Monday, May 26, 2008
They don’t mess around when it comes to the brand and logo, and why should they? The golden arches are ranked in the top-10 recognizable brands in the world – right behind CocaCola, Microsoft, IBM, GE, Nokia, Toyota, and Intel. Disney and Mercedes make up the last two according to Business Week. I have read that McDonalds’ first European branch was opened in Munich in 1971 (just before the Olympics). The restaurant is still there in Obergeising at Martin-Luther-Str. 26, and it has a plaque on the wall telling the world. I read a related story that says McDonalds has a thing called Hamburger University that 275,000 have graduated from. Crazy! As an American, of course, I just think it’s too bad that many of the things that get exported are some of the worst. The US has so many amazing things…it’s too bad that we’re often known for things like fast food.
Sunday, May 25, 2008
Munich is cracking down on speeders. I know…it seems counter-intuitive in such a rich car culture, in the land of the no-speed limit autobahn, and in the home of BMW – but it’s true. As the article reads, Bavaria is significantly increasing the fines if you are caught speeding. This is a big departure to the "fair warning" signs on the highway which usually appear within a KM or two of statonary cameras to catch speeders. It’s really quite civilized, and I’m sure it has to do with citizen rights or something like that. But perhaps this is all coming to an end in such an abrupt change that it made the cover of the local news papers. All I can say is whatever you are driving – a Porsche (as pictured), BMW, Mercedes, or Audi (which make up the majority of cars in Munich) – your free wheelin days may be coming to an end. Be careful out there!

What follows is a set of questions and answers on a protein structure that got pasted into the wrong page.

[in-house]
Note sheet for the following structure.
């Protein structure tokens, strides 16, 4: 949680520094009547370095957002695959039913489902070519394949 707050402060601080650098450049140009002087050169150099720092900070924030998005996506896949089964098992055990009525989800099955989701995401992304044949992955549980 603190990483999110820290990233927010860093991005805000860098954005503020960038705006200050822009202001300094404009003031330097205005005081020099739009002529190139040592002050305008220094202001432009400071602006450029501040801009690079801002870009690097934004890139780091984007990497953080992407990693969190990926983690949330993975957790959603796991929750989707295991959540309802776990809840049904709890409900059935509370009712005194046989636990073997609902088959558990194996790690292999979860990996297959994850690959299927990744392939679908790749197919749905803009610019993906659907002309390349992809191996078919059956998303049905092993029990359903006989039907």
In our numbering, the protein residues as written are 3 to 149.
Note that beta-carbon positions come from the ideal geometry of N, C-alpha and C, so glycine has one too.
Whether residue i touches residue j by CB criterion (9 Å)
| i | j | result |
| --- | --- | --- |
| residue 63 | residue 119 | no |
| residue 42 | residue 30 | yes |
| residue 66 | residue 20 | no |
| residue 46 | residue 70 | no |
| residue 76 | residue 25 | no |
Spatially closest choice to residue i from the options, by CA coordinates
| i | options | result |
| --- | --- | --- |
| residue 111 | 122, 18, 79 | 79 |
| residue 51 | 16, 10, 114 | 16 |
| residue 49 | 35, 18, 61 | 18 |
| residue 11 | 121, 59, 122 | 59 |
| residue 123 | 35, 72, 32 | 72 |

Saturday, May 24, 2008
Munich has jumped into the running as a candidate city (or region) to host the 2018 Winter Olympic Games. As most people know, Munich hosted the 1972 Olympics (hence the photo of the Olympia Center here), and if approved it would be the only city in history to host both the Summer and Winter games. Munich is teaming up with Garmisch-Partenkirchen for all skiing events and Schonau for tobogganing, luge & skeleton - while the opening/closing ceremonies and big skating/hockey competitions would take place in Munich. Garmisch already hosted the winter Olympic flame in 1936. Already in the running against Munich is Reno (USA) and Pyongyang (S. Korea) – but expect more entries before the IOC makes any final decisions in 2011.
Friday, May 23, 2008
Ever get the feeling that life is just passing you by? That’s the feel of this image in the U-bahn station at Marienplatz – the heart of Munich. The train flashing by and all he cares about is his newspaper. I love that his reflection appeared on the outside of the train though. The U-bahn system is really quite amazing. Here are some numbers, which I find quite impressive. Frequency of trains: 2 minutes during peak times. Number of trains: 550. Construction of trains: 1967 to present. Number of stations: 94. Average distance between: Just under 1KM (bus and tram are about half that). Number of employees of MVV: 2699. Escalators: 726. Lifts: 163. Video Camera 902 (about 1/10th that of London.) Happy Trails to You!
Thursday, May 22, 2008